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South Central Gardening: Small-Space Edibles

Brought to you by Lowe's Creative Ideas

South Central gardeners should take advantage of small spaces to grow delicious produce in Texas and Oklahoma.

Strawberry plants

By Susan Albert

Now that temperatures have stabilized and the threat of frost has passed, it’s time for gardeners in Texas and Oklahoma to plant warm-season veggies, herbs, and small fruits.

When space is at a premium, it’s nice to tuck in a few vegetables, herbs, or fruits among the ornamentals. In the example pictured above, strawberry plants grow along the front-yard garden beds. As long as that spot is sunny with well-drained soil, it should be ideal. Blueberry bushes are becoming popular additions to garden beds too, and their leaves are attractive as well.

When adding veggies among your plants, consider the soil. If it’s not up to par, just build up a mound with amended soil, level the top, and plant away.

Other edibles that do well in small gardens are tomatoes, peppers, cucumbers, lettuce, green onions, pole beans, and green beans. They thrive in 1- to 5-gallon containers on a sunny patio or along porch steps.

Herbs make wonderful container companions. Depending on the pot size, plant two to three in each. Useful herbs include Greek oregano, parsley, sage, basil, thyme, rosemary, chives, and dill.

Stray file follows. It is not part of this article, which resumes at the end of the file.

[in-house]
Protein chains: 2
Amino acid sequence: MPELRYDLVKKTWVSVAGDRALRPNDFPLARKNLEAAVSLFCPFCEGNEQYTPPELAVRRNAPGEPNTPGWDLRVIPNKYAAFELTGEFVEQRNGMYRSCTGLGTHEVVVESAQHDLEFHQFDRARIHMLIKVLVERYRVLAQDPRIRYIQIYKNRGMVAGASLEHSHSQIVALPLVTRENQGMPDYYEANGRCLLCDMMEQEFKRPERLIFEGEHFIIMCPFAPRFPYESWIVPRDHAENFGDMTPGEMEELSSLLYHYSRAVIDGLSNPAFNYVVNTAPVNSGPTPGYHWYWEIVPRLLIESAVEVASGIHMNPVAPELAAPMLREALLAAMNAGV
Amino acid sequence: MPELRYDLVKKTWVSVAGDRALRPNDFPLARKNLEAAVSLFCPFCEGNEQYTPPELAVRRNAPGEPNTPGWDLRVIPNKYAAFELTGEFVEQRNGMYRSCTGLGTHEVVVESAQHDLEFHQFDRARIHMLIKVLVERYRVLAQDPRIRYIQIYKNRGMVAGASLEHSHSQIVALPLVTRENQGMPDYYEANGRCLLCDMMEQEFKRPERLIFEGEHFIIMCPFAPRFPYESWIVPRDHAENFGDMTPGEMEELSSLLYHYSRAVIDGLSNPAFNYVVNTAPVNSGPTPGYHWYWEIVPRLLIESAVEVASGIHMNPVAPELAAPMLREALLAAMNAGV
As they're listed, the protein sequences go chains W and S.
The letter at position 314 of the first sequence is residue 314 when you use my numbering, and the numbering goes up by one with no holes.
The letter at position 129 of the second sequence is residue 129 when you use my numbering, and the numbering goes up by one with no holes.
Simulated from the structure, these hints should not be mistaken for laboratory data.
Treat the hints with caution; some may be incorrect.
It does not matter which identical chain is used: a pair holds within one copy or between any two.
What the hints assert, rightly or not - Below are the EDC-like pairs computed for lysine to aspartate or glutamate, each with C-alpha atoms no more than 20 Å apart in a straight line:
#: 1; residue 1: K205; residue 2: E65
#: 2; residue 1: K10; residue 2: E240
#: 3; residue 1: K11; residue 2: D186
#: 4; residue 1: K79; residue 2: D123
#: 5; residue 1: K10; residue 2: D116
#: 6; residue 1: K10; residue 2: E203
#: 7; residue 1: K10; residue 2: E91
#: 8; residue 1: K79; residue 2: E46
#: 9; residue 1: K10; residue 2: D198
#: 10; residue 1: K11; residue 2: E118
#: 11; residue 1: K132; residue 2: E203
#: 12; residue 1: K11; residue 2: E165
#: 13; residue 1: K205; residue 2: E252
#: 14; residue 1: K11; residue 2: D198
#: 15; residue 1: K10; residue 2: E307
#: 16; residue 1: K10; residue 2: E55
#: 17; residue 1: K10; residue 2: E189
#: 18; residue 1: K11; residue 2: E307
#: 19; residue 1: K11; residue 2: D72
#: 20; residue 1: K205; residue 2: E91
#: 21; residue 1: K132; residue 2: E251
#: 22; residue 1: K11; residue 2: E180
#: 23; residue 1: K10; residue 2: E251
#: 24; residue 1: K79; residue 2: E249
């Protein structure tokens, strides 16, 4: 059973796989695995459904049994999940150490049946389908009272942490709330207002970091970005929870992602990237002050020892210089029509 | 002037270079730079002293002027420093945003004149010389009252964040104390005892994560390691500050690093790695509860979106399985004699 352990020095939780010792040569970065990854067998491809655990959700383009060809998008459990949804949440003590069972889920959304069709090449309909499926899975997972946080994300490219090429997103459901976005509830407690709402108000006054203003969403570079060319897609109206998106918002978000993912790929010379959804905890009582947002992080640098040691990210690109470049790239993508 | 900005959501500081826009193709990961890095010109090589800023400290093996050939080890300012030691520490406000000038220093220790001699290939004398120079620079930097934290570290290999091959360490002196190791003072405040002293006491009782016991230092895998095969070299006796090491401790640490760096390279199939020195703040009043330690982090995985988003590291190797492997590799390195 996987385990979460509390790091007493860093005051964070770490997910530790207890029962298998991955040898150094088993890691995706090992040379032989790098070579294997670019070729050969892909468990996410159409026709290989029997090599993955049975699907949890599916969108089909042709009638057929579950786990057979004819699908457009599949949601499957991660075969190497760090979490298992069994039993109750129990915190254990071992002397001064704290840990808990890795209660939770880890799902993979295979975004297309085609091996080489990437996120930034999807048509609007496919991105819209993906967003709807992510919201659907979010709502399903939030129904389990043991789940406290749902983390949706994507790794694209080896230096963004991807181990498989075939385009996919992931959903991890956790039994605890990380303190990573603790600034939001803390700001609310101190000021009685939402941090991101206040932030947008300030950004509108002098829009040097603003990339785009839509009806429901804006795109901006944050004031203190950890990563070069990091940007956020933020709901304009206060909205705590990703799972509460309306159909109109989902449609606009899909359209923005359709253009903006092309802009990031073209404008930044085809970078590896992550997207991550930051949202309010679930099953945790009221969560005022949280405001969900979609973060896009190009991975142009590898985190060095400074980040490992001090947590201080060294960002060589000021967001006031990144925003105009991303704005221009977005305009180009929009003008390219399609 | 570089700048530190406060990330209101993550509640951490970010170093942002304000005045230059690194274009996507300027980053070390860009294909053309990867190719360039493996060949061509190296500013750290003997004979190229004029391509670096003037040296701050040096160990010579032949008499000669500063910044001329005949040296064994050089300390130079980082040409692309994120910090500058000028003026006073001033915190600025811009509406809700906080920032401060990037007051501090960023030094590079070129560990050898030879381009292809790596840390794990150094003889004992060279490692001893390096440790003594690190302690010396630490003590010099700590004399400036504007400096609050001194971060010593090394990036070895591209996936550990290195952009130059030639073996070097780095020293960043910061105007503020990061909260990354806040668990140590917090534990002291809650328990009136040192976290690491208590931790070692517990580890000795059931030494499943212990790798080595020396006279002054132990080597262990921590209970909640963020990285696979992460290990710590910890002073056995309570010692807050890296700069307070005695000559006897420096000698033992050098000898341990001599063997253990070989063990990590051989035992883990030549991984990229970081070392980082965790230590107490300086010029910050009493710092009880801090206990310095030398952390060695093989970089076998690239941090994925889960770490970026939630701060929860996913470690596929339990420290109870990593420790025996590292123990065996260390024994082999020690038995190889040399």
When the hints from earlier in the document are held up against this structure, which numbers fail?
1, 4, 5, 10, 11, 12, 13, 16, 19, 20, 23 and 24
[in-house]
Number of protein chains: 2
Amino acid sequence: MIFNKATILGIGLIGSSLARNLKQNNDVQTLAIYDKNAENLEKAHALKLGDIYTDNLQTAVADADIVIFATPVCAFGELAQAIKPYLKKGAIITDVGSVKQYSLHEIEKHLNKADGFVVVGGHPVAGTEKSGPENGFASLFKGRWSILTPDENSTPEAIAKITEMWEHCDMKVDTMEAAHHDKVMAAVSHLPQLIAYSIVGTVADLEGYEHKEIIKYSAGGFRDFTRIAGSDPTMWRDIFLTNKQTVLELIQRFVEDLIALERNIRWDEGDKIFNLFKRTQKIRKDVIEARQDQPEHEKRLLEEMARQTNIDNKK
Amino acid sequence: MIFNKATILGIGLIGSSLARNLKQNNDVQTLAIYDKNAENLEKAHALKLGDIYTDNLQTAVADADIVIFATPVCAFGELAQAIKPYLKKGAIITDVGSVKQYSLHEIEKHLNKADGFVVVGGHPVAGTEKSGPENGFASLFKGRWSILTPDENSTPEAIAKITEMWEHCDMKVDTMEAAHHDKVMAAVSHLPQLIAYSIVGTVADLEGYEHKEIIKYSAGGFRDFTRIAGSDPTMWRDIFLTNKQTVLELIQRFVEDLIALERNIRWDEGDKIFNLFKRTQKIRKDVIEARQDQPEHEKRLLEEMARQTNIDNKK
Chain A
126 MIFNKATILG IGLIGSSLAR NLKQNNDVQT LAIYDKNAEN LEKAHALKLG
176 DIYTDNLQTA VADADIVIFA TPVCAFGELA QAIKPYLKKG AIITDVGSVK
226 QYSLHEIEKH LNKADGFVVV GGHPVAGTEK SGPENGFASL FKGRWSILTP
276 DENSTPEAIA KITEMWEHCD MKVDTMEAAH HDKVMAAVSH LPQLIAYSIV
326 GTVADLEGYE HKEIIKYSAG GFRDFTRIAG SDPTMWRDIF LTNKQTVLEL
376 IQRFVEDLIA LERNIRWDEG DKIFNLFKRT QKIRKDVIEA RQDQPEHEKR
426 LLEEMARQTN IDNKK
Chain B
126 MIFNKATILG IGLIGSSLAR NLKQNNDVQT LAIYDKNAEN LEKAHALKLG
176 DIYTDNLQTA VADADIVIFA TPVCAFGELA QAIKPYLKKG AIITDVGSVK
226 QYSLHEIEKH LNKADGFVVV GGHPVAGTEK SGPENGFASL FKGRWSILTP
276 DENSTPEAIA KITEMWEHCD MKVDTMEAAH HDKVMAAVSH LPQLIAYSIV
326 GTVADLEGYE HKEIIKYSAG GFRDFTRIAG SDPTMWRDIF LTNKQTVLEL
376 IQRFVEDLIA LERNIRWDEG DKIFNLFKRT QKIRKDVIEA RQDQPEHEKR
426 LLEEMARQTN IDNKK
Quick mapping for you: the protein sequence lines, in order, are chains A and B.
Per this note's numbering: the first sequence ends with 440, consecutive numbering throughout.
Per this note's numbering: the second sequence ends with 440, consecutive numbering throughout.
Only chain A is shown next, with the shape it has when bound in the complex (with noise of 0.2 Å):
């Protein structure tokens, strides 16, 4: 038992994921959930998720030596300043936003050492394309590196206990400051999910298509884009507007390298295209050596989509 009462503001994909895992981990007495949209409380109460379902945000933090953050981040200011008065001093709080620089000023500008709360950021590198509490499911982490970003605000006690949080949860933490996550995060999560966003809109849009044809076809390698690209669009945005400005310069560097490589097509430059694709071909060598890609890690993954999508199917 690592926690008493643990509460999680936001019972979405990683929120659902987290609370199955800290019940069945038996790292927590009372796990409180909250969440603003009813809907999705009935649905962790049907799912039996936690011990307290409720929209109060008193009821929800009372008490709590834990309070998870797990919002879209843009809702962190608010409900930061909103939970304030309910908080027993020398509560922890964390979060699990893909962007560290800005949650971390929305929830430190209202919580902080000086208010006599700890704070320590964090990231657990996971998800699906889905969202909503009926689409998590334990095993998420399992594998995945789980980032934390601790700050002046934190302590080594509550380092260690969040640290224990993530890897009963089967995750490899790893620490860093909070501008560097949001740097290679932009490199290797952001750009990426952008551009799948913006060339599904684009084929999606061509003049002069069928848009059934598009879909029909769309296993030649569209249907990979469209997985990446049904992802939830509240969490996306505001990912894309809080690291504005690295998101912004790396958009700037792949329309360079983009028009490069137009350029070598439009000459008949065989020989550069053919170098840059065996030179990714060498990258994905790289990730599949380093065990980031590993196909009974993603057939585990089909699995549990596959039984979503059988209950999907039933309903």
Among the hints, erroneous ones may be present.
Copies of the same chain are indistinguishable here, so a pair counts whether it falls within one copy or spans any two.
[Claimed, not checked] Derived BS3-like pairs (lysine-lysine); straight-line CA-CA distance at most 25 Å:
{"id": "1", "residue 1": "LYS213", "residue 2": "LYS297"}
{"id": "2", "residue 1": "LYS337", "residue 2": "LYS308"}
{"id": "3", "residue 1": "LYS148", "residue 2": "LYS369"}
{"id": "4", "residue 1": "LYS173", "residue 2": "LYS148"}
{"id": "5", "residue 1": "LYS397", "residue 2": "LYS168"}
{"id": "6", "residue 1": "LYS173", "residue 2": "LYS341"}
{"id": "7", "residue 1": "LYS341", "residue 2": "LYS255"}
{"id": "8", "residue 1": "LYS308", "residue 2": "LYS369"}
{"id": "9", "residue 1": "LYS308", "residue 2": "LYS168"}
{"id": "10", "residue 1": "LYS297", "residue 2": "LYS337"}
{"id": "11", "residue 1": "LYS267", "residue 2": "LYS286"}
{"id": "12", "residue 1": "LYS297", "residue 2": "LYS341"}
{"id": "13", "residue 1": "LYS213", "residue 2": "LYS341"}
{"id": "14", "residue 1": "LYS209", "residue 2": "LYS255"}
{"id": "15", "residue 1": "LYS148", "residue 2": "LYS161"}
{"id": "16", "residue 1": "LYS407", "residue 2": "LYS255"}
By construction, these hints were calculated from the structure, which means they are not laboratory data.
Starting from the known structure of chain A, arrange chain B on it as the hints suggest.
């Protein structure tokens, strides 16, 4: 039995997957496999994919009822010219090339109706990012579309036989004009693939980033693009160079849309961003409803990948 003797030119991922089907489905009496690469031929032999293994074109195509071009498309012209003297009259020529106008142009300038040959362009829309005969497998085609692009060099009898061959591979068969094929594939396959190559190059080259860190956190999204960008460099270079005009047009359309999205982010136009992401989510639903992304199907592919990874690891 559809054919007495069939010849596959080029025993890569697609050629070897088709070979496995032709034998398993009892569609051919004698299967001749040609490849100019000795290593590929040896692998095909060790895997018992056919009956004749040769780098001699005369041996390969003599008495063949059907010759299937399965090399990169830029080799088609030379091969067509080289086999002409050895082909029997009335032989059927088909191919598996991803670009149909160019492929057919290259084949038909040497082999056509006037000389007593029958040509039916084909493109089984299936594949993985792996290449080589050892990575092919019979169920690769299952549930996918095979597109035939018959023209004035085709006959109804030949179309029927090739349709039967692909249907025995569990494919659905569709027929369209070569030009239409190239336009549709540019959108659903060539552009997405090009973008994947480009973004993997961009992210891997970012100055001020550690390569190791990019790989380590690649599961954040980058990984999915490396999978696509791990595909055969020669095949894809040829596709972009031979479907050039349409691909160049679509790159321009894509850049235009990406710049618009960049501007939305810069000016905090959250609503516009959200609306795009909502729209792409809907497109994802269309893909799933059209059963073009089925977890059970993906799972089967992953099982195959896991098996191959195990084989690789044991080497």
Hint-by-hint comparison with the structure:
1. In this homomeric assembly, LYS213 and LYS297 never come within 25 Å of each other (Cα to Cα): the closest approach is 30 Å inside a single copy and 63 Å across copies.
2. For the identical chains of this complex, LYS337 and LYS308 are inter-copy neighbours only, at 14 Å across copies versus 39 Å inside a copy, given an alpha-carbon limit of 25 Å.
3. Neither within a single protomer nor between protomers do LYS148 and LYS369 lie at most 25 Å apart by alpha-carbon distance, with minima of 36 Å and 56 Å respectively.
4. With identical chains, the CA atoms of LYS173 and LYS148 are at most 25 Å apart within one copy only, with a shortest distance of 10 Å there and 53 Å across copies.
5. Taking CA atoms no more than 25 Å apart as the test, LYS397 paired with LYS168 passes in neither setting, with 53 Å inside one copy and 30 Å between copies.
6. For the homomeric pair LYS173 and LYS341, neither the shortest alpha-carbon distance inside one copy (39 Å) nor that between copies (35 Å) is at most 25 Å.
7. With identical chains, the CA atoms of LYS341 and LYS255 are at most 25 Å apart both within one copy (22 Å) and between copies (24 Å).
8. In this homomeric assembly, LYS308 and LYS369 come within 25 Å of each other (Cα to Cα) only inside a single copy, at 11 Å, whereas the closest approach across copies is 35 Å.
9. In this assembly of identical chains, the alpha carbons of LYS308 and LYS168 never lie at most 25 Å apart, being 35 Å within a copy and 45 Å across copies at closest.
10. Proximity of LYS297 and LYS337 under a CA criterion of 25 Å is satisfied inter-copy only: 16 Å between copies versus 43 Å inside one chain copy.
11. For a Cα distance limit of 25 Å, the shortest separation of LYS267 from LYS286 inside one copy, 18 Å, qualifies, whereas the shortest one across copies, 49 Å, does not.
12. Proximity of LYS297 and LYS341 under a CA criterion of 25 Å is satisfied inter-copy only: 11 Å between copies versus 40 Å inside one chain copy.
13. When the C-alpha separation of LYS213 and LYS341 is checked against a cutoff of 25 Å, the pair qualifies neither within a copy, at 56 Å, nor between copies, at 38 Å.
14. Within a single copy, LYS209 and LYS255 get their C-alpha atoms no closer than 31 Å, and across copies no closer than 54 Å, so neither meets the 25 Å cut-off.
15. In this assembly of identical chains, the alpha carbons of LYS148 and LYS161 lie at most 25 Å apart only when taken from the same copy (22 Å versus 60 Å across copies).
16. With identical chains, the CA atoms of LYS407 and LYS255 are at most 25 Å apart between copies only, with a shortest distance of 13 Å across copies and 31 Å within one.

Growing Mix

For a vegetable-and-herb container garden, start with varying sizes of pots, then add purchased garden soil or potting mix. Top with garden compost or bagged composted manure. Spread an inch or two on top, and mix it into the soil.

Drainage is important. Make sure water can flow freely from the pots with drainage holes. One of my containers doesn’t drain very quickly, so I elevated it with bricks to allow better water movement.

Container Plants

Veggies that take more space, such as tomatoes, peppers, and cucumbers, need the largest containers -- at least 5 gallons. In this photo the largest container holds a ‘Patio’ tomato plant. The clay pot holds a green pepper plant, and the other two containers feature herbs: chives, Greek oregano, parsley, sage, and hyssop.

strawberries

To help regulate soil temperature, retain moisture and discourage weeds, always add a thick layer of mulch on top of the soil. Water and fertilize regularly during the season.

Strawberries do well in wide containers, but because the berries spread quickly by runners, they can soon outgrow the spaces.

Have fun with your small-space edibles this season, and liven up your meals with fresh herbs and vegetables!